Best of AP — Honorable Mention


Illness took away her voice. AI created a replica she carries in her phone

Alexis Bogan, whose speech was impaired by a brain tumor, uses an AI powered smartphone app to create a audible drink order at a Starbucks drive-thru on Monday, April 29, 2024, in Lincoln, R.I. The app converts her typed entries into a verbal message created using her original voice. AP PHOTO / STEVEN SENNE

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Technology reporter Matt O’Brien fought through the negative chaff about artificial intelligence voice-cloning technology to find a story about a team of Rhode Island doctors who helped a patient regain her voice using the technology.

While sourcing for more OpenAI news, O’Brien realized the voice-cloning pilot project was in his backyard. He reached out to a Rhode Island hospital and made a case for telling the story of a patient who could share her experience of regaining her voice through artificial intelligence.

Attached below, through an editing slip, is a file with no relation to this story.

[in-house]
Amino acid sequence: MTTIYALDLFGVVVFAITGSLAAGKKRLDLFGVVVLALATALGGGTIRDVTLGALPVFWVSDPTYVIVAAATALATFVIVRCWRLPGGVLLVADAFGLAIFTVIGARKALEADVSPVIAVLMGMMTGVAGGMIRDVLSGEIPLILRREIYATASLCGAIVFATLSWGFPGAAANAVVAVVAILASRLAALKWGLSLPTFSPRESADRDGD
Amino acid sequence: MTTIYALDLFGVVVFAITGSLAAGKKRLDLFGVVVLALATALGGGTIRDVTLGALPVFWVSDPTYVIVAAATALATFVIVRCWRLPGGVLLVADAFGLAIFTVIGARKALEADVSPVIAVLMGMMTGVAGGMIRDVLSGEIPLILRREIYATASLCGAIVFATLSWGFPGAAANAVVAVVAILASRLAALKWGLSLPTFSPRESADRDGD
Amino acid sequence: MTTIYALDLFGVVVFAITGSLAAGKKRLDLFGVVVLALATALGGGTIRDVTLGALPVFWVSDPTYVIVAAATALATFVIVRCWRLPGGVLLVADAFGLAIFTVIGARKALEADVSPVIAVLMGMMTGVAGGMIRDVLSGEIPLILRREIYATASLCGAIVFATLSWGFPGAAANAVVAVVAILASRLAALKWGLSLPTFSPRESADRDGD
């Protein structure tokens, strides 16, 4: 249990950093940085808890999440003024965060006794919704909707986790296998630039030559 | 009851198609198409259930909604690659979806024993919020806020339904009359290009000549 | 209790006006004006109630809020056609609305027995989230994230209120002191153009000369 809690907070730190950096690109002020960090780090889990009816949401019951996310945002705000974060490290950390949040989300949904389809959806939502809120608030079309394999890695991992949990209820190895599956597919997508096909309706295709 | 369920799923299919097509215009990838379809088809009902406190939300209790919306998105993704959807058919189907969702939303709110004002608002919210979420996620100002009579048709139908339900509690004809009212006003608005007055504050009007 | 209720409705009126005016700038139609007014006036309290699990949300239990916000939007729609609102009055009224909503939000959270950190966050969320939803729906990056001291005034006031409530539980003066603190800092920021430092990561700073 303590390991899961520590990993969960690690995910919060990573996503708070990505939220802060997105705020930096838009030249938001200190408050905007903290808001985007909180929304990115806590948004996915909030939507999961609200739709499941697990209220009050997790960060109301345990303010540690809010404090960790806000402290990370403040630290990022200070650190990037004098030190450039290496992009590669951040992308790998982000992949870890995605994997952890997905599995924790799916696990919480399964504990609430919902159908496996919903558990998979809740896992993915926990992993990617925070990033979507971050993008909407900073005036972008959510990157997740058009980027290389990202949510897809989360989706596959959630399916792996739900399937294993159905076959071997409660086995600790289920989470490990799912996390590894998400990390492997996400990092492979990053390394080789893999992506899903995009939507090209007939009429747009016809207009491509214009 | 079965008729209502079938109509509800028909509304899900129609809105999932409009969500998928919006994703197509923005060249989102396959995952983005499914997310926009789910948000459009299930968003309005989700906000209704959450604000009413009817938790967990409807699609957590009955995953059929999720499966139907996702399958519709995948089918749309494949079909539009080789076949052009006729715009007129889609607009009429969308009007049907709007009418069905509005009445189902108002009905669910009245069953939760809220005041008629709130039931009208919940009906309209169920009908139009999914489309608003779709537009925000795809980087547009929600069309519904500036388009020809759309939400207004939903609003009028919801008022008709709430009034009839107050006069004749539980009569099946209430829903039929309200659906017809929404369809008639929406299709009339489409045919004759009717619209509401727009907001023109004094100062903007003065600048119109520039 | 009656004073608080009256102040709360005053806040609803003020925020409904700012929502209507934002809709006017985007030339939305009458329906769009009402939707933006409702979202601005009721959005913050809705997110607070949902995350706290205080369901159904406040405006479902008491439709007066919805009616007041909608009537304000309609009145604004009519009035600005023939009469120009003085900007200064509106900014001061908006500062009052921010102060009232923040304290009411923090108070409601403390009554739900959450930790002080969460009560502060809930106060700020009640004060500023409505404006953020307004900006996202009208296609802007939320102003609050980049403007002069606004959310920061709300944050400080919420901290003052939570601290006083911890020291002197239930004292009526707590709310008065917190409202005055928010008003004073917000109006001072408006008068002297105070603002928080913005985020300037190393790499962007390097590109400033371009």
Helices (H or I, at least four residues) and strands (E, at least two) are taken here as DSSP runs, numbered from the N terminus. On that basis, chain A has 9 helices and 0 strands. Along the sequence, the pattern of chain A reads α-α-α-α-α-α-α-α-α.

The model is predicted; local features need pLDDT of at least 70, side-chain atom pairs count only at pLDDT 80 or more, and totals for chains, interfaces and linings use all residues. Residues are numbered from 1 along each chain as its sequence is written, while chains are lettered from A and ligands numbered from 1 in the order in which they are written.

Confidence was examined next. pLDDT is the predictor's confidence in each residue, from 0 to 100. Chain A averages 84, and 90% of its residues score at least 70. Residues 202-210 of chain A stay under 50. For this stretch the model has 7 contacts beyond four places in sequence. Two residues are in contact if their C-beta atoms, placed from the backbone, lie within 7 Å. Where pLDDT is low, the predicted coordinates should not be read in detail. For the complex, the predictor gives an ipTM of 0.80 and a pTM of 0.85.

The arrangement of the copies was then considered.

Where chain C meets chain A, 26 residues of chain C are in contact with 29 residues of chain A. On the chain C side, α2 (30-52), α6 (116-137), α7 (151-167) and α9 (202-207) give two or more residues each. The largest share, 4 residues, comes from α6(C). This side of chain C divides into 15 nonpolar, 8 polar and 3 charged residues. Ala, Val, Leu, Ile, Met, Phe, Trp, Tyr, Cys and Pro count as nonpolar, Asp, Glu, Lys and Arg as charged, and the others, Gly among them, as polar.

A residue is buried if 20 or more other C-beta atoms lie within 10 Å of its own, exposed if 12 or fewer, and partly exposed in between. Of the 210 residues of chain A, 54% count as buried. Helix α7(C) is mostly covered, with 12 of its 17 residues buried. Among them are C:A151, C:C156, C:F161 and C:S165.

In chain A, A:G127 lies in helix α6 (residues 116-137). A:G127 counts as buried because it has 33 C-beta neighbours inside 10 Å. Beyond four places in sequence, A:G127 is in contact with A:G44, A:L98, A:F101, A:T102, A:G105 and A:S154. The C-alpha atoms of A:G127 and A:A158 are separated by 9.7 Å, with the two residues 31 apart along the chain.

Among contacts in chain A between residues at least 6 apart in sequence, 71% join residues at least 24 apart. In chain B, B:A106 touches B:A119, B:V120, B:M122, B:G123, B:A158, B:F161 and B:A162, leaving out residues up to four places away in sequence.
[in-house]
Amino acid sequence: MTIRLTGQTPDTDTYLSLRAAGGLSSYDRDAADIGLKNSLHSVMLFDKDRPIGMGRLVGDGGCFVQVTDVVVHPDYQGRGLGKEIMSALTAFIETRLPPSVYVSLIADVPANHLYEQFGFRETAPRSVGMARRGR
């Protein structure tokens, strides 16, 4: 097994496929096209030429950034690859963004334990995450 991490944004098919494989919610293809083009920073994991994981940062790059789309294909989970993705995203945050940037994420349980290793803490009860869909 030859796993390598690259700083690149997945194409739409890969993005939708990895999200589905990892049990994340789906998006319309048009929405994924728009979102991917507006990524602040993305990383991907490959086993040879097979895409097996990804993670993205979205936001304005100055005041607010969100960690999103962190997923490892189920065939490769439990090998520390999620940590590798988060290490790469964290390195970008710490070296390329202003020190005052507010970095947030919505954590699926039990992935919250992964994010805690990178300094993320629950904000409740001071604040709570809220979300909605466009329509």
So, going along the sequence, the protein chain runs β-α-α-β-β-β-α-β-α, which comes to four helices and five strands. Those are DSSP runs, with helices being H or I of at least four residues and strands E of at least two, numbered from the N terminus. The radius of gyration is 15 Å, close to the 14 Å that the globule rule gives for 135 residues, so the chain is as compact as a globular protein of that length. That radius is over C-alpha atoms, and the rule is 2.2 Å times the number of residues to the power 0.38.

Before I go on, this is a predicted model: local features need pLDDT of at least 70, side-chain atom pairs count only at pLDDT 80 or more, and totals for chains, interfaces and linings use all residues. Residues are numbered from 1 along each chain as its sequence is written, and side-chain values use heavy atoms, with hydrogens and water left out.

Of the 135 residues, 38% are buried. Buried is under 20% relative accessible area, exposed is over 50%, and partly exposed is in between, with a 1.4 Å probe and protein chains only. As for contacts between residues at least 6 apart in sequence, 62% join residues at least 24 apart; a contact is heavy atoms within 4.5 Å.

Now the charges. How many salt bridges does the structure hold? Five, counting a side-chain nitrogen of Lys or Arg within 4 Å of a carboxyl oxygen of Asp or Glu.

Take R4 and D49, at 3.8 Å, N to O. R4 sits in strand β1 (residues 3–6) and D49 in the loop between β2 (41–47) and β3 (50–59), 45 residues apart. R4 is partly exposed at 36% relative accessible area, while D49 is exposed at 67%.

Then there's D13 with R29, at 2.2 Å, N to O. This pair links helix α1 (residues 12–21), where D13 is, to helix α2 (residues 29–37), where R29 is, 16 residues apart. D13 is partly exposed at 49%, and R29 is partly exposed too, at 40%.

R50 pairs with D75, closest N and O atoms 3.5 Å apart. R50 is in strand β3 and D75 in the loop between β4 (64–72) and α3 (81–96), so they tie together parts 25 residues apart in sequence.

Alexis Bogan, 21, emerged from brain surgery last year unable to speak fluently and felt like she lost part of her identity. Working with a team of Rhode Island doctors, she is now able to summon a clone of her voice generated by artificial intelligence from an app on her phone.

Videographer Rodrique Ngowi, photographer Steve Senne and freelance photographer Josh Reynolds helped illustrate Bogan’s interactions with her doctors and in her daily life. The exclusive story package was widely used. NBC News directly highlighted it on its digital properties and used large swaths of AP video for a story. O’Brien also was interviewed about it on the evening programming.

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